It’s a race against time, and against diversity.
For Republicans that foe was illustrated last week on stage in Miami — two helpings of dynamic Democrats running for president.
Featured: candidates of varied colors, fiery nonsubmissive women, a gay mayor. In sum, the debates represented something for which today’s Republican Party isn’t programmed: a world of difference.
The R’s will protest that they have blacks and browns, and quite a few women, and even a smattering of gay people among them.
The fact Republicans can claim these things doesn’t mean they haven’t made that D-word — diversity — their everyday enemy. Just look at a MAGA crowd and listen to their leader talk about “the other.”
More importantly, look at what the Supreme Court did that same week. It ruled that Republicans in power could continue to marginalize and undermine communities of diversity to make seats in Congress and the statehouse invulnerable.
The Supreme Court will not intervene as the GOP seeks every day and in every way to negate the one-man-one-vote protections of the Voting Rights Act.
The court will look the other way as the choices of black and brown voters are neutralized and tokenized.
This will happen through vengeful gerrymandering and through guileful vote-suppression tactics aimed squarely at the poor and people of color.
These clear intentions were built into the quest to include a citizenship question on the census. Reduce census participation by Latinos — the better to minimize them and under-represent them.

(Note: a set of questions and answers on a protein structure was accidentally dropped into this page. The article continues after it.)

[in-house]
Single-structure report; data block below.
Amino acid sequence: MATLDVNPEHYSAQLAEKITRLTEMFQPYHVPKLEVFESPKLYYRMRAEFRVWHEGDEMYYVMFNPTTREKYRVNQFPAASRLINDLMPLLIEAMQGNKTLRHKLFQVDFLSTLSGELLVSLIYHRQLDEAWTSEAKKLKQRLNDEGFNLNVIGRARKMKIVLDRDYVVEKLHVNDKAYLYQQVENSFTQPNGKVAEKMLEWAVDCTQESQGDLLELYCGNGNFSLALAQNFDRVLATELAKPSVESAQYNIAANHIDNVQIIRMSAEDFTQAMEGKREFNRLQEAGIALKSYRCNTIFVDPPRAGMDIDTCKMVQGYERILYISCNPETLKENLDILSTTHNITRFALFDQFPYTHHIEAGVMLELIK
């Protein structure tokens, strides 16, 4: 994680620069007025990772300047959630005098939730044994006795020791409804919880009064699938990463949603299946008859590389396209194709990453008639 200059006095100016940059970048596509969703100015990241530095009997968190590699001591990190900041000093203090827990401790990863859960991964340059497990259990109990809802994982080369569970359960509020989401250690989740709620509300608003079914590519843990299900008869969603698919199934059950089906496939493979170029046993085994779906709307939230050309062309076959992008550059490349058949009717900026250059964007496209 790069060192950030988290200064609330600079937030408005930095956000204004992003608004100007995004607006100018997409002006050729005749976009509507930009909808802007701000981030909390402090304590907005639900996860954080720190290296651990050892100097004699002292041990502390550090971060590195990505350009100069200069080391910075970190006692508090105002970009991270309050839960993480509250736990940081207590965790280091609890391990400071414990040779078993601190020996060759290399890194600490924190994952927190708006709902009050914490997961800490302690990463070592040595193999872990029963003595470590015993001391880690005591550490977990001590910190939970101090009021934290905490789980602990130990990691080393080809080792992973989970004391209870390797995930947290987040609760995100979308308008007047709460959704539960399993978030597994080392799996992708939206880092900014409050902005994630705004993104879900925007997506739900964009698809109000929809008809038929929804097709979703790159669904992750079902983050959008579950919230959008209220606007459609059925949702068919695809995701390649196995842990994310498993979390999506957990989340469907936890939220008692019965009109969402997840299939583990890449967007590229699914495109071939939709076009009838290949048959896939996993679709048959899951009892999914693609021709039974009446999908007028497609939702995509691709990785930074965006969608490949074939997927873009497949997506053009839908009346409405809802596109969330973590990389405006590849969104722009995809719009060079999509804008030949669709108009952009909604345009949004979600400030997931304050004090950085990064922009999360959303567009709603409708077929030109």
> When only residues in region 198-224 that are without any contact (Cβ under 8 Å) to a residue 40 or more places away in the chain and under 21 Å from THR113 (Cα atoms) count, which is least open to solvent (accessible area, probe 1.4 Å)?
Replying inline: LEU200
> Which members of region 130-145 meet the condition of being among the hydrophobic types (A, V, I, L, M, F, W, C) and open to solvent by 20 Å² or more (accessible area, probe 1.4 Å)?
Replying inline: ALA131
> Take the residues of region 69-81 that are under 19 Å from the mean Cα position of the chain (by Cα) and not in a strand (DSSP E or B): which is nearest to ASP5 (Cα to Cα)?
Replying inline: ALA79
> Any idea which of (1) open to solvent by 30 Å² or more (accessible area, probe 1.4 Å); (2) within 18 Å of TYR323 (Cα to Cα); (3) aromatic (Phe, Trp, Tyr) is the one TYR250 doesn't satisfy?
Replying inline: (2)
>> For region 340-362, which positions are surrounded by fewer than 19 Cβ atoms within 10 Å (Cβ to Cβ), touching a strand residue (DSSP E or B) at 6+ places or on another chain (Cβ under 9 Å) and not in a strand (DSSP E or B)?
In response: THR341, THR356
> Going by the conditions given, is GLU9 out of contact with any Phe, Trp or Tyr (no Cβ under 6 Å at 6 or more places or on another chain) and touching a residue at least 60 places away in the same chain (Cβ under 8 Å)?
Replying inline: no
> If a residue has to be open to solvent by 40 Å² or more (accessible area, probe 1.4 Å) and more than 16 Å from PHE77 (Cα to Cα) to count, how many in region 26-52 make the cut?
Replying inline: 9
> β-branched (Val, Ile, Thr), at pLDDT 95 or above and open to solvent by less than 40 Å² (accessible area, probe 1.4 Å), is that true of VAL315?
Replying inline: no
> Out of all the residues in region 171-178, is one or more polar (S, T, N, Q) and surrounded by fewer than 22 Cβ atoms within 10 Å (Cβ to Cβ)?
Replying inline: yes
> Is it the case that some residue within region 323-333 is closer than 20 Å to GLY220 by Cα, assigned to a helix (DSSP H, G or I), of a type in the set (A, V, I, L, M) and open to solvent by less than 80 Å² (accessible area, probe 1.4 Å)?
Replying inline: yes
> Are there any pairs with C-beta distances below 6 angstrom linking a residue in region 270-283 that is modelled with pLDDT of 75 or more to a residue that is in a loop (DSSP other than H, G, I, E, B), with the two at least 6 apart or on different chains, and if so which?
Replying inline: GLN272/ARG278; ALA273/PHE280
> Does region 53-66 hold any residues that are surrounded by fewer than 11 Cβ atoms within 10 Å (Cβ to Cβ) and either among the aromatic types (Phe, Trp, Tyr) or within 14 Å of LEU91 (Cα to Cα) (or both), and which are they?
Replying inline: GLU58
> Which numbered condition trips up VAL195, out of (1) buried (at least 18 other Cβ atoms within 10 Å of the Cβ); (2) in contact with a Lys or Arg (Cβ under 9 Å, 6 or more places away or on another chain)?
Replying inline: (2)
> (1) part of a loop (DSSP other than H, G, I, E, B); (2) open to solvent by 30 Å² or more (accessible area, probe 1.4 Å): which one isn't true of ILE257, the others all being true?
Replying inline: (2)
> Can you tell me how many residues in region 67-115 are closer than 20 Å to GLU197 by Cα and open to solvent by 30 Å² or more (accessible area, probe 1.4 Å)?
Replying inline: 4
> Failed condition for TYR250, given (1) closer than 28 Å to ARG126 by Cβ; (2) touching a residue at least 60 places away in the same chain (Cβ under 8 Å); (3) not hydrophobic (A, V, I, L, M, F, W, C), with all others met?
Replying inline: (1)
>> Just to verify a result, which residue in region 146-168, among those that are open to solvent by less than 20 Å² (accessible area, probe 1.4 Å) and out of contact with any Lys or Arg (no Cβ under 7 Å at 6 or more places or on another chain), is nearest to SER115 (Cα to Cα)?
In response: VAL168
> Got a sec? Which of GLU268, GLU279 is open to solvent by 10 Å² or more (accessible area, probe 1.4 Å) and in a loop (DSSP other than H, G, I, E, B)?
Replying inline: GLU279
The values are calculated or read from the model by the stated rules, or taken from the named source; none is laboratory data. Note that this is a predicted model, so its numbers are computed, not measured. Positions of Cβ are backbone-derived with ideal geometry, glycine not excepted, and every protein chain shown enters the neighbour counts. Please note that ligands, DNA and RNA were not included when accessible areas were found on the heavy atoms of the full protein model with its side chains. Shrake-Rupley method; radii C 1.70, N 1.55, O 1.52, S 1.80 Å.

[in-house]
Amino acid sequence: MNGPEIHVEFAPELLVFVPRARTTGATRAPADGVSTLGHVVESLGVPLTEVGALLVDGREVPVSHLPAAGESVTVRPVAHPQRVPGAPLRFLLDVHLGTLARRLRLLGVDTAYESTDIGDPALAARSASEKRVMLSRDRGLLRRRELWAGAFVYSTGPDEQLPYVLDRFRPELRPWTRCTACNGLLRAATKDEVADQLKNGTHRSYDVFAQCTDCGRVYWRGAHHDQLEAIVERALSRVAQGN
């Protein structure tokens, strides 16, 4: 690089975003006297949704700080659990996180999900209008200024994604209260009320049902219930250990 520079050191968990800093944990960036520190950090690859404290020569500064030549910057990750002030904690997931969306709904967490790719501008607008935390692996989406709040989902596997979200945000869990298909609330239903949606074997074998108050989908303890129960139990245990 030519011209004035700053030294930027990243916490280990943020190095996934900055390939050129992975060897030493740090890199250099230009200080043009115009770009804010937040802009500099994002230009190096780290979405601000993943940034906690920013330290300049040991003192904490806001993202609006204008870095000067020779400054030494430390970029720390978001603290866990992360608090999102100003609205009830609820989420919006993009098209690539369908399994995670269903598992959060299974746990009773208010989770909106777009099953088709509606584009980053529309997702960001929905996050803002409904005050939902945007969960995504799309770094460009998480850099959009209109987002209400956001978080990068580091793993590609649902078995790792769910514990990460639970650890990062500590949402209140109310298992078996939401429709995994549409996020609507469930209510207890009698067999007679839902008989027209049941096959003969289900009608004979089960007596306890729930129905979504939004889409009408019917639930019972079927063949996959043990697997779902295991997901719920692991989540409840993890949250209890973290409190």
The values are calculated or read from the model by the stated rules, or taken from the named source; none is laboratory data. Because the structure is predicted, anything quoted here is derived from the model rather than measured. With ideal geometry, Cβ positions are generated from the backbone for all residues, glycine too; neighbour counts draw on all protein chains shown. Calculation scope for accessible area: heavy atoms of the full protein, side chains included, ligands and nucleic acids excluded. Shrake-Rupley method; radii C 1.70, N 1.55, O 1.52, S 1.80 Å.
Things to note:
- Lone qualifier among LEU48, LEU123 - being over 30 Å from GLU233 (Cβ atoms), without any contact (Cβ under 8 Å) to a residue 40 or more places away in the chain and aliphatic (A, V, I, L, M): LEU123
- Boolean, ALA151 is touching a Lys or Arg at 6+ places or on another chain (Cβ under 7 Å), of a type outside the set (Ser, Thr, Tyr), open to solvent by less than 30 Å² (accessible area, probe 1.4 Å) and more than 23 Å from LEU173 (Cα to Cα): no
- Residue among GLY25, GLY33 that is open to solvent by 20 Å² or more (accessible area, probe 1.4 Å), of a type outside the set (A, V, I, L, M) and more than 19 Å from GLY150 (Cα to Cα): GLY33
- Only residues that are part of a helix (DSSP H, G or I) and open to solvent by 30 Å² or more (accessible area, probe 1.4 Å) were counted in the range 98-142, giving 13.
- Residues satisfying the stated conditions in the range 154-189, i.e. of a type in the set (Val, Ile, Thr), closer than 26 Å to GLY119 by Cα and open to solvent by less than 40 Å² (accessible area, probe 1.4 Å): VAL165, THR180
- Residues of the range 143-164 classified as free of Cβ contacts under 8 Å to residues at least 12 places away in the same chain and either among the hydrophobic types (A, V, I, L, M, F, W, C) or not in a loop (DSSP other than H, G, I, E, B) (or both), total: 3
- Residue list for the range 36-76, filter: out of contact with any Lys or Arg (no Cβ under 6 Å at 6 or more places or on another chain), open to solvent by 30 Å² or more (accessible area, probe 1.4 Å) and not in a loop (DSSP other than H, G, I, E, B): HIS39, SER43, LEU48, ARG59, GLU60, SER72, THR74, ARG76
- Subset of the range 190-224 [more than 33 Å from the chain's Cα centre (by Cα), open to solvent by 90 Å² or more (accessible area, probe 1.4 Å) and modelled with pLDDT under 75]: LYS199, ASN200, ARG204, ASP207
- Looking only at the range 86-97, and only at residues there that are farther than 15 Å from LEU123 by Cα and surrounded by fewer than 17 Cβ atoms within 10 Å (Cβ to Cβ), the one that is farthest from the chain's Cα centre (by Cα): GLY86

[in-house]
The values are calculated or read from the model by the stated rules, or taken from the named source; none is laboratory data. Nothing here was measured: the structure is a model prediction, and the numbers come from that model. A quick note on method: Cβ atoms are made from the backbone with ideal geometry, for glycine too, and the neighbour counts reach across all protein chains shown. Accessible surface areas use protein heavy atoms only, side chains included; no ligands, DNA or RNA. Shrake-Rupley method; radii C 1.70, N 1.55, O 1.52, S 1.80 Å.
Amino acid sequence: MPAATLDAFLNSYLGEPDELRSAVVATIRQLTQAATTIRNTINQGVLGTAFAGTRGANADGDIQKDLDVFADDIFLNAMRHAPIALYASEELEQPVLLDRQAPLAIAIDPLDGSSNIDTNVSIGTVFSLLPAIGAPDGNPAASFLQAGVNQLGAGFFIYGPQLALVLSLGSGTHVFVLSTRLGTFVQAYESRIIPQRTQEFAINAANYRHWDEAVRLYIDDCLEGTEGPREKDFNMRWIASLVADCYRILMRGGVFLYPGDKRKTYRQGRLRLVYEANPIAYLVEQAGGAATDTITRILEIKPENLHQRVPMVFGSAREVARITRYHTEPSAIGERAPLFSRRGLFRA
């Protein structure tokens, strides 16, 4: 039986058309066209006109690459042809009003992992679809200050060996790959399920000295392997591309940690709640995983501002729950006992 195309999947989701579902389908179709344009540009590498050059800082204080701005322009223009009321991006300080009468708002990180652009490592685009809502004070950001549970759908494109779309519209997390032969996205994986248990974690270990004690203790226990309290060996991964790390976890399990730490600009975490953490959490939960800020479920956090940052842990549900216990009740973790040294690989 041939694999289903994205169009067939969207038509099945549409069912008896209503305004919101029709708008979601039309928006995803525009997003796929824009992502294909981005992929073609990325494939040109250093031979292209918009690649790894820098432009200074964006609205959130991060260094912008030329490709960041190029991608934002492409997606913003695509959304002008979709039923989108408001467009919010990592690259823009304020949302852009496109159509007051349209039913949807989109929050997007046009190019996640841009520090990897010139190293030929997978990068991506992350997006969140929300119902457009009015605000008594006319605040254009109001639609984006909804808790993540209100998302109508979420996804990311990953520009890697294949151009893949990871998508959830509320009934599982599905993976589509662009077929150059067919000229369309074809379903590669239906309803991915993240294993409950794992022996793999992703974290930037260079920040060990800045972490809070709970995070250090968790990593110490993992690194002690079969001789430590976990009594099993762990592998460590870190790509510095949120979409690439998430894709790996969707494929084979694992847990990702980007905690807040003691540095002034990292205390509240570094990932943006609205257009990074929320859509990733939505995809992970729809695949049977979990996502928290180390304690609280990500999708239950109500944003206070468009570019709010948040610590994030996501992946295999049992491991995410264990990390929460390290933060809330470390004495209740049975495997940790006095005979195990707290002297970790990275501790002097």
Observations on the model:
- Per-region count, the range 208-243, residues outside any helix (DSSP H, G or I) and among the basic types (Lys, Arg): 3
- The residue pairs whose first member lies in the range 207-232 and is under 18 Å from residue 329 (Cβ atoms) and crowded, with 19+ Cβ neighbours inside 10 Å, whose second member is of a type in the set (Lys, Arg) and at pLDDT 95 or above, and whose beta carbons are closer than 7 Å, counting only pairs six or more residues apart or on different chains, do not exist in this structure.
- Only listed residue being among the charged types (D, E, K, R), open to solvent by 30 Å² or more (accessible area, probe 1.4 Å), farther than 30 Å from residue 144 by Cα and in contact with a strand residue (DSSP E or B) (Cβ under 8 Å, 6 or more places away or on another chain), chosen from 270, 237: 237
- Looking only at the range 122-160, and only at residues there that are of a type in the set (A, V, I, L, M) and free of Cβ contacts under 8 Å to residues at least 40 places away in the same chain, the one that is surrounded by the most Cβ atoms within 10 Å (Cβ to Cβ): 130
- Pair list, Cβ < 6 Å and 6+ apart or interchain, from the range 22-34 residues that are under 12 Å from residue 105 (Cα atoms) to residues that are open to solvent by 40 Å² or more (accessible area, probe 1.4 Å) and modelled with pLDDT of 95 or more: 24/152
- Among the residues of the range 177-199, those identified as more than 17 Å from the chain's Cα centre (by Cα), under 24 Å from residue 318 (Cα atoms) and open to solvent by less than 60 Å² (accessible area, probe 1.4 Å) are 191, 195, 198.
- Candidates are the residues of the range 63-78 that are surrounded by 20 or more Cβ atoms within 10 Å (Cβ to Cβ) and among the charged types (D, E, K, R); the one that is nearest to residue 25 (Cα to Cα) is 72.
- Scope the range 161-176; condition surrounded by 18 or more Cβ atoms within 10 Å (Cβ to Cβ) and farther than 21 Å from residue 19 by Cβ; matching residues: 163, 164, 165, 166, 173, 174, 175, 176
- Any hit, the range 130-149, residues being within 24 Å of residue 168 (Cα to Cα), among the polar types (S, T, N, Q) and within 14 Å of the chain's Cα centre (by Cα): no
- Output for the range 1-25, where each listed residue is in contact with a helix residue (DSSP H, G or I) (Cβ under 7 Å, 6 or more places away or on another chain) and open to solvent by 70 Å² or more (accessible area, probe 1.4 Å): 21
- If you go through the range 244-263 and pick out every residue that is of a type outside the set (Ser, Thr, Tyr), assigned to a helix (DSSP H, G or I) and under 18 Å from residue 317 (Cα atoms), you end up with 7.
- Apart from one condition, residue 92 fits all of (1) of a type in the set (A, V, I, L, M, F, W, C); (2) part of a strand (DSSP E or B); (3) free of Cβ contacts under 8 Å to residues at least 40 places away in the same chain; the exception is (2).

Texas Republicans were so dead-set on the citizenship question that they appeared willing to lose a congressional district or more, even though the question would mean a population undercount.
No worry. Because gerrymandering now looms as large and destructive as ever, the district lost would be one that served those very Latino citizens.
Right now, Republicans are furiously counting all the black and brown bodies in each state they control so as to make those bodies count for less than before.
It really is a race against time, for this nation is getting more black and brown each day, and the Party of Trump is not.
Throw in increasingly exasperated women and an increasingly active LGBTQ community, both segments of all colors, seeing Trumpism as a remnant of ages-old oppression.
And then, again, there is race.
I have said a time or two that racism, or at least racial exclusivity, will be the demise of the GOP. Now it appears that race — or the racial opportunism of gerrymandering and vote suppression, and the representative abomination that is the Electoral College — stands to be the GOP’s only means of enduring.
It may work for a while, because GOP-controlled Legislatures, not constrained by federal courts, will strengthen their hand with unfair districts.
But as said, this nation every day is becoming less like the Republican Party.
Yes, look at that stage in Miami with all the brilliance and promise inherent.
By the way, last week a federal judge sentenced Alex Fields Jr., a neo-Nazi, to prison for life for killing Heather Heyer when he drove his car into a crowd protesting a white supremacist rally in Charlottesville, W. Va.
President Trump showed his true colors after that vehicular horror. He spoke of “good people on both sides.” The Republican hierarchy stood mute.
Yes, this is what it has come to. We know good people on both partisan sides of the debate about the direction of this country, but so many on one side — the Trump side — are so focused on maintaining their political advantages that they simply cannot change what they do and say about race.
The political science aphorism is: “Demography is destiny.” The Republican Party is going all-in on how to define who they are. There’s no turning back now.
Longtime newspaperman John Young lives in Colorado. E-mail: firstname.lastname@example.org.